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Menagerie of Japanese netsuke parade in online auction Oct. 31

Netsuke are Japanese miniature sculptures originally used as toggles on the end of a cord that held a money pouch or inro. Evolving over time from their utilitarian purpose, netsuke have become an expressive art form in itself and a coveted collectible in the Asian community. Jasper52 will present an auction of premium netsuke on Wednesday, Oct. 31.

Boxwood netsuke of a leaping wild boar, signed ‘Shuzan,’ 19th century, 2 1/8 inches long. Estimate: $5,500-$7,000. Jasper52 image

View the auction.

Learn more about the auction on Auction Central News.

Beauty Abounds in Japanese Woodblock Prints

The beauty of Japan and its culture is abundant in this curated collection of both vintage and modern Japanese woodblock prints. More than 200 prints, many of which are first editions, will be auctioned in this sale. Take a peek at some of the highlights from this auction.

One of the featured lots in the collection is an early edition (circa 1936-1950s) of Tsuchiya Koitsu’s Lake Motosu(Mount Fuji Sunset Glow) or (Motosu-ko). This print is in excellent condition.

Tsuchiya Koitsu, ‘Lake Motosu’ (Mount Fuji Sunset Glow) (Motosu-ko), March 1934 (early edition, circa 1936-1950s), published by Doi Hangaten, 9 ½ in. x 14 3/8 in. Estimate: $1,800-$2,400. Jasper52 image

 

Tsuchiya Koitsu (1870-1949) produced prints of the Sino-Japanese War early in his career, but later focused on Shin Hanga landscape prints. He was a leading exponent of the Shin Hanga (literally “new prints”) movement, which was an art movement in the early 20th-century Japan that revitalized traditional ukiyo-e art rooted in the Edo and Meiji periods (17th-19th century). It maintained the traditional ukiyo-e collaborative system in which the artist, carver, printed and publisher engaged in the division of labor. Its imagery focused on landscapes, women and nature.

Japan’s beauty extends beyond landmarks. Japanese woodblock printmakers are noted for depicting attractive female subjects. Goyo Hashiguchi (1880-1920) was a Japanese Shin Hanga artist. He was well-known for high quality prints of women with vanity subjects such as bathing, applying makeup and brushing hair. An example is his print titled Applying Powder.

Goyo Hashiguchi, ‘Applying Powder,’ 1920, this family authorized auto-zuri edition published by Tanseisha, 15.5 in. x 21.75 in. Estimate: $3,800-$4,200. Jasper52 image

 

A modern take on the subject is In the Bedroom by Yoshio Okada (born 1934), an artist who specializes in prints of sexy Japanese women. His prints are rare and not well known.

Yoshio Okada, ‘In the Bedroom,’ 1974, published by the artist. Estimate: $2,000-$2,500. Jasper52 image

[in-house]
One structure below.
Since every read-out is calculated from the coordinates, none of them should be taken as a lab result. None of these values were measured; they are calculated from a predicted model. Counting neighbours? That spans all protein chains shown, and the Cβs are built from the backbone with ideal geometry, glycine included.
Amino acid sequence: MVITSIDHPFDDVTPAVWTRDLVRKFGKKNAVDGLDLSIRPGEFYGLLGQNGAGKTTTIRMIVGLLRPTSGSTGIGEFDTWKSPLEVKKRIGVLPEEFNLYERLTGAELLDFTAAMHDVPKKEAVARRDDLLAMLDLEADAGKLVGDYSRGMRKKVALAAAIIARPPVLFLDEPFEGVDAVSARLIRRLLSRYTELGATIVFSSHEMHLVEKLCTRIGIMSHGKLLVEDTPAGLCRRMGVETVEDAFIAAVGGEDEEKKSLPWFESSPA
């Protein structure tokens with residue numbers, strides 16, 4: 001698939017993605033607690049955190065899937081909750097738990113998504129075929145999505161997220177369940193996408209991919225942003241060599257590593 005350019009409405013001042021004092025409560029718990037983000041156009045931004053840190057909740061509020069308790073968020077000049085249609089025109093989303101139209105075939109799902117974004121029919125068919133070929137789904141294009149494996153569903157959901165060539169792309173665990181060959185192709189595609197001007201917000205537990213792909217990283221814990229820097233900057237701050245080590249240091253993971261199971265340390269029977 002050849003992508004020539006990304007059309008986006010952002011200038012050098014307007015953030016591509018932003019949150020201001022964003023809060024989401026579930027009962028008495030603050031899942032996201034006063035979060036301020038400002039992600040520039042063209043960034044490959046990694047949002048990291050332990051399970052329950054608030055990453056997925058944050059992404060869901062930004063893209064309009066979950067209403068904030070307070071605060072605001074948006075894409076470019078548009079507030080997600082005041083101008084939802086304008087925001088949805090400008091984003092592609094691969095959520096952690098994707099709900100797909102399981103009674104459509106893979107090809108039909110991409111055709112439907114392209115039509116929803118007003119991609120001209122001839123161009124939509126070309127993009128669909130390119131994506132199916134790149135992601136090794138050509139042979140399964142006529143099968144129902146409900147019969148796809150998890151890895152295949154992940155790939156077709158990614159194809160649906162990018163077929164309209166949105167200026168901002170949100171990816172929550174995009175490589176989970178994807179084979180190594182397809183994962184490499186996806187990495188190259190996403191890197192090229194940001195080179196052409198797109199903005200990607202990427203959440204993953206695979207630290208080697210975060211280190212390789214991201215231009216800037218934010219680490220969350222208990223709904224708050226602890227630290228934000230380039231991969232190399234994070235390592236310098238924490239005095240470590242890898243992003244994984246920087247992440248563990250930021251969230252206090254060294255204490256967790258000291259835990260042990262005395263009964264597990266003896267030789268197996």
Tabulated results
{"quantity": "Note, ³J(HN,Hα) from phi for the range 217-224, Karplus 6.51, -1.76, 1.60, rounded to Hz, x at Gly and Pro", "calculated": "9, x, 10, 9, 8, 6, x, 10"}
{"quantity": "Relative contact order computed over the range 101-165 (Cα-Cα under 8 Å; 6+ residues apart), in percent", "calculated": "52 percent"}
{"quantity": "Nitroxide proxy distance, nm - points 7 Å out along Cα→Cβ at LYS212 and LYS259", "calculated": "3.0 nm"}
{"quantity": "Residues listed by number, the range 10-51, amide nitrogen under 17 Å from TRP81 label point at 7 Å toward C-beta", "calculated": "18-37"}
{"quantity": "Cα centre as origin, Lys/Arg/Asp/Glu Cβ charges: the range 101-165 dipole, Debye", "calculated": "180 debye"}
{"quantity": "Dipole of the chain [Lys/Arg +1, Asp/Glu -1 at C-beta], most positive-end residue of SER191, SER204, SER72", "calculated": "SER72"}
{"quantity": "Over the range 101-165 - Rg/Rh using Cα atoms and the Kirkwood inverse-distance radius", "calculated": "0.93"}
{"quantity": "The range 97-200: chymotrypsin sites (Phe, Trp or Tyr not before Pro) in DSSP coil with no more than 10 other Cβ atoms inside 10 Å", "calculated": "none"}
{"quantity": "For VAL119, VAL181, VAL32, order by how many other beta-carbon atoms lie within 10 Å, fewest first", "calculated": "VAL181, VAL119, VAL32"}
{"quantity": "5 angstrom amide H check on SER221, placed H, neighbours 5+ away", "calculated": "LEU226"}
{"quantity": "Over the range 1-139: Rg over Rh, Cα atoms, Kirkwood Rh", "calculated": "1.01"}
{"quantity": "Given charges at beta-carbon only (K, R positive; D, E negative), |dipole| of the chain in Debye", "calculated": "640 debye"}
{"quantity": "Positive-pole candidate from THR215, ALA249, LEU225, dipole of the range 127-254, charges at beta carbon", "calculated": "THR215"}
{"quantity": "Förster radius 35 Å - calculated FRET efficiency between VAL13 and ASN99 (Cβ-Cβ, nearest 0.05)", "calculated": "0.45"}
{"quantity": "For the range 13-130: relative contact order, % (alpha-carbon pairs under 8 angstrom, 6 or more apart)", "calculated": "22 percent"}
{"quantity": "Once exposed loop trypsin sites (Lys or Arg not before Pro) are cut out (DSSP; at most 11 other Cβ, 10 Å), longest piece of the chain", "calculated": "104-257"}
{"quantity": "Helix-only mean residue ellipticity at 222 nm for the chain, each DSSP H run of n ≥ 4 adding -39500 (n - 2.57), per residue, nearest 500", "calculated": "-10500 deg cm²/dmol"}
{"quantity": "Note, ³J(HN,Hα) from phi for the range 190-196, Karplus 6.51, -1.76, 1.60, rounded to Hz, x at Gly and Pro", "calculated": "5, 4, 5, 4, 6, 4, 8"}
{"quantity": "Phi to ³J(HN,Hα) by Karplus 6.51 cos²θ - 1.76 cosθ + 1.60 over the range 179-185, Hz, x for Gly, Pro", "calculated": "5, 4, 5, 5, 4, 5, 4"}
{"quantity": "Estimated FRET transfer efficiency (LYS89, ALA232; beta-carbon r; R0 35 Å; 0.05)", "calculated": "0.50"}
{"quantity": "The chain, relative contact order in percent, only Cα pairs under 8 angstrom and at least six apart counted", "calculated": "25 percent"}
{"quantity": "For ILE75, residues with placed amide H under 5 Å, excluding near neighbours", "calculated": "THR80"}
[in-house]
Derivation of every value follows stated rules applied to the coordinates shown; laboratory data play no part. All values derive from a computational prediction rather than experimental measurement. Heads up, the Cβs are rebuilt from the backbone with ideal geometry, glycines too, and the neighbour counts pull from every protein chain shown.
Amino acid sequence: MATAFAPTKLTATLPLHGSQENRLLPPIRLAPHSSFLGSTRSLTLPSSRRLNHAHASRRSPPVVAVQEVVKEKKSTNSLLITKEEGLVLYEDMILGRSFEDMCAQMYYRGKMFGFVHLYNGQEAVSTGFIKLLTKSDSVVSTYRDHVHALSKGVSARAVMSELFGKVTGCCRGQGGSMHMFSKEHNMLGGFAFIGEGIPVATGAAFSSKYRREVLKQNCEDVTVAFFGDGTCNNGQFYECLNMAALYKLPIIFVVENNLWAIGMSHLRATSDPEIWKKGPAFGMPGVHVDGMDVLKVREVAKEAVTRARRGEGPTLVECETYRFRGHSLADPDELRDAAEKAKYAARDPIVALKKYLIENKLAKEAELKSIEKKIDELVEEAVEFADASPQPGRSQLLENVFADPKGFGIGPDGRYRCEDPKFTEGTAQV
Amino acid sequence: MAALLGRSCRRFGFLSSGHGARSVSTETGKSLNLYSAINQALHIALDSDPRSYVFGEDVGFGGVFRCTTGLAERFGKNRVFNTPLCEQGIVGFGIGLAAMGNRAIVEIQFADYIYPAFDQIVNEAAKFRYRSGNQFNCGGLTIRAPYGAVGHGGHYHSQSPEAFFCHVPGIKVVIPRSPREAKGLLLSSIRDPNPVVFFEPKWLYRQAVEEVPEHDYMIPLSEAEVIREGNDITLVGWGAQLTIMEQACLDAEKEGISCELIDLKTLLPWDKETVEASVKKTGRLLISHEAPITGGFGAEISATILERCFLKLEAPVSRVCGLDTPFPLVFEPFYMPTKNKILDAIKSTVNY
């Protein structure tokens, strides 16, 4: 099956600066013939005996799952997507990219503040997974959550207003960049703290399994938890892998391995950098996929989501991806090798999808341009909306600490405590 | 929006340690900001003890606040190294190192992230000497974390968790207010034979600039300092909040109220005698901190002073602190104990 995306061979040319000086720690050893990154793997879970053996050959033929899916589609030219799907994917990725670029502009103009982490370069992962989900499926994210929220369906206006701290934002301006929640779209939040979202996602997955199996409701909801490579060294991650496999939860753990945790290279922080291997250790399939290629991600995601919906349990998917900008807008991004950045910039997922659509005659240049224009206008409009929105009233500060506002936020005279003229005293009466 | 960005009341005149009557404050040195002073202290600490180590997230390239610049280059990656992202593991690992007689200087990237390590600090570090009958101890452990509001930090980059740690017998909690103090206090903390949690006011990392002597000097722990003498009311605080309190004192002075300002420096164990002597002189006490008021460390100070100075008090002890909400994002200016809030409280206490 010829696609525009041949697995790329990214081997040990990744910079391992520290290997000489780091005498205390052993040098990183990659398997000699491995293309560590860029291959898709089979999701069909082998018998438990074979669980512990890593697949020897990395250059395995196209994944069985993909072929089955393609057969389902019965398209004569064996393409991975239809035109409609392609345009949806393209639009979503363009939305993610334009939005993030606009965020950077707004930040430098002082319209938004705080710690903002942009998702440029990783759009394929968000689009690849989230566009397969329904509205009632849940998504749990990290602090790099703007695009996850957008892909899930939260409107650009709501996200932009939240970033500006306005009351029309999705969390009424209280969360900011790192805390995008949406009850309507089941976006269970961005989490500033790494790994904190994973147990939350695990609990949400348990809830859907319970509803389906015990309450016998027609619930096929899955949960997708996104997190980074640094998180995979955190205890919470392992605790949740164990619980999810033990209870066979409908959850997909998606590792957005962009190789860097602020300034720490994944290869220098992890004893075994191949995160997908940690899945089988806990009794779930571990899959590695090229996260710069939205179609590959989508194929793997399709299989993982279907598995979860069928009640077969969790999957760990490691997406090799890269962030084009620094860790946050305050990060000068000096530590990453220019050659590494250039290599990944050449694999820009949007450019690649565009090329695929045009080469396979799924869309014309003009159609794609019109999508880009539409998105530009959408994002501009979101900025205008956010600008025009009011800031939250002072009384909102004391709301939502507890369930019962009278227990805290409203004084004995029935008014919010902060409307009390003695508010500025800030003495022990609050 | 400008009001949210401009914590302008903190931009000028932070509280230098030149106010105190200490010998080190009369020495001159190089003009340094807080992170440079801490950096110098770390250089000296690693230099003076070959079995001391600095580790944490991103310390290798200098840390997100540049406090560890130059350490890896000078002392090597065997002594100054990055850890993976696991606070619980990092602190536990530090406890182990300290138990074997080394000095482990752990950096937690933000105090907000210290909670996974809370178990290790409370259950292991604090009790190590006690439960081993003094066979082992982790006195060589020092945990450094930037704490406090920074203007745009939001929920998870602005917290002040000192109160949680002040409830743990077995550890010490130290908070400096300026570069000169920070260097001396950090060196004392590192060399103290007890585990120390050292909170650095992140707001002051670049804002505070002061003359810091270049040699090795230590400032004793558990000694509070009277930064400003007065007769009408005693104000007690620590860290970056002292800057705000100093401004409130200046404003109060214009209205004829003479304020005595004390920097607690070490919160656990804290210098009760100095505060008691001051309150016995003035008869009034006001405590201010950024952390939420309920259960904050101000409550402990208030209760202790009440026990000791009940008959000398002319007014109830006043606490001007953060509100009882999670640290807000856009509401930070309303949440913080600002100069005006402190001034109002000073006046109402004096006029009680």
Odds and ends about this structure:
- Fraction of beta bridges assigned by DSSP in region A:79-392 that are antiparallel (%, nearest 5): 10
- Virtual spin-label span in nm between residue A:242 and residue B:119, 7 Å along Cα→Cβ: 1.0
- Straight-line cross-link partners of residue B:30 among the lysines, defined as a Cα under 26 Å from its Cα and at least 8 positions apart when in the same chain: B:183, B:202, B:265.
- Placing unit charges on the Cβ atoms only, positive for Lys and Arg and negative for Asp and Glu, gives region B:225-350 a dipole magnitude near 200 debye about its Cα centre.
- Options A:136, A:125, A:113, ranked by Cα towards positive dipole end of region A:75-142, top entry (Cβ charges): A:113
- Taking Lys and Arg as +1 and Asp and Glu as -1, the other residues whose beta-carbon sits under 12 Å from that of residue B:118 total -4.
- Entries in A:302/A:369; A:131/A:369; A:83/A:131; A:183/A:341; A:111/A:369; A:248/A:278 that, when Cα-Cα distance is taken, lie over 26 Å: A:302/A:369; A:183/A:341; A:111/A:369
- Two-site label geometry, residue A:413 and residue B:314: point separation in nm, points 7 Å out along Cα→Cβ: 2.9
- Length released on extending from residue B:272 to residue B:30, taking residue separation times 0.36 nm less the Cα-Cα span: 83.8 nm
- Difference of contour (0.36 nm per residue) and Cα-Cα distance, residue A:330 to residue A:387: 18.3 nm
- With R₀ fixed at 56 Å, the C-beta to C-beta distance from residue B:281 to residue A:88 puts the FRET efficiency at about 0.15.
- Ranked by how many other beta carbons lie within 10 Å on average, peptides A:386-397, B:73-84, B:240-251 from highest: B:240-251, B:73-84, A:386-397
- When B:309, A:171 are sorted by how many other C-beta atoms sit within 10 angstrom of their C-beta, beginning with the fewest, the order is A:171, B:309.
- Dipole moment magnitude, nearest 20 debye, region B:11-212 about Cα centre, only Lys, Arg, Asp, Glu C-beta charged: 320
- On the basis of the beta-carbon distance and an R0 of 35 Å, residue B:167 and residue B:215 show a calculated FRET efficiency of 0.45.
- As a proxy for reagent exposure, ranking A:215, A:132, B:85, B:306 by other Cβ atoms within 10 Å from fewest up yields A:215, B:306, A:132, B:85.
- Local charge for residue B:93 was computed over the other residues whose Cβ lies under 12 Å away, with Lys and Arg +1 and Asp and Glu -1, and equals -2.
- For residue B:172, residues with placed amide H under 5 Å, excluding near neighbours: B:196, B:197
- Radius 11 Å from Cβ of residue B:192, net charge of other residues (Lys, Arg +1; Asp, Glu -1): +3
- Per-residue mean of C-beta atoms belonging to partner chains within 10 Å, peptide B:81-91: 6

Having the highest estimate in the auction – $3,800-$4,200 – is Hasui Kawase’s Dawn at Daikon Gashi Riverbank (Daikon-gashi no Asa), which is from the artist’s Twenty Views of Tokyo Series. This 1927 print bears the appropriate first edition printing seal and is in very good condition with excellent color. Kawase Hasui (1883-1957) become a prominent figure in the shin hanga movement, which was influenced by European Impressionism. He was honored with the title of a Living National Treasure.

Hasui Kawase, ‘Dawn at Daikon Gashi Riverbank’ (‘Daikon-gashi no Asa’), 1927, ‘first edition’ printing, published by Watanabe Shozaburo, 9 ½ in. x 14 ¼ in. Estimate: $3,800-$4,200. Jasper52 image

 

Tsukioka Yoshitoshi, aka Taiso Yoshitoshi, (1839-1892) is often considered the last great master of the ukiyo-e movement of woodblock printing and painting. The term ukiyo-e translates to “pictures of the floating world” and refers to a genre of Japanese art with a wide span of imagery such as kabuki actors, folk tales, landscapes and even erotica. This movement was critical in forming the Western perception of Japanese art. His woodblock print featured in this collection, which depicts a geisha of the Ansei era (1854-1860), is a first edition published in 1888.

Tsukioka Yoshitoshi, ‘Looking as if she wants a drink: the appearance of a town geisha of the Ansei era (1854-60),’ published by Tsunashima Kamekichi, 1888 first edition, oban (14.5 in. x 10 in.). Estimate: $3,000-$3,500. Jasper52 image

 

Earlier still is The compound of Mount Narita, Shimosa (Soshu) Province by Utagawa Hiroshige II, a first edition print published in 1859. The artist was the most successful apprentice to study under the last great master of the ukiyo-e movement, Hiroshige.

Utagawa Hiroshige II, ‘The compound of Mount Narita, Shimosa (Soshu) Province,’ published by Uo-ya Heikichi, 5/1859 (this impression), oban tate-e (14 in. x 9.5 in.). Estimate: $2,000-$2,500. Jasper52 image

A Double Exposure to Japanese Woodblock Prints

Art lovers will enjoy this double dose of beautiful Japanese images in this week’s Exclusive Japanese Woodblock Prints auction, presented in two sessions. The opening session consists of 58 premium-quality Japanese woodblock prints, both vintage originals and contemporary productions; while the following sale features excellent prints at a more affordable price point.

The auction opens with a View of Miho Bay by the renowned Ando Hiroshige in the form of a fan. The impression is from the original first edition created in 1845-46. Ando Hiroshige was a ukiyo-e artist, considered the last great master of that great master of the genre of Japanese art, which flourished from the 17th through 19th centuries. He is famous for his landscapes.

Ando Hiroshige, ‘View of Miho Bay,’ original 1845-46 edition, rare fan print. Estimate: $1,300-$1,400. Jasper52 image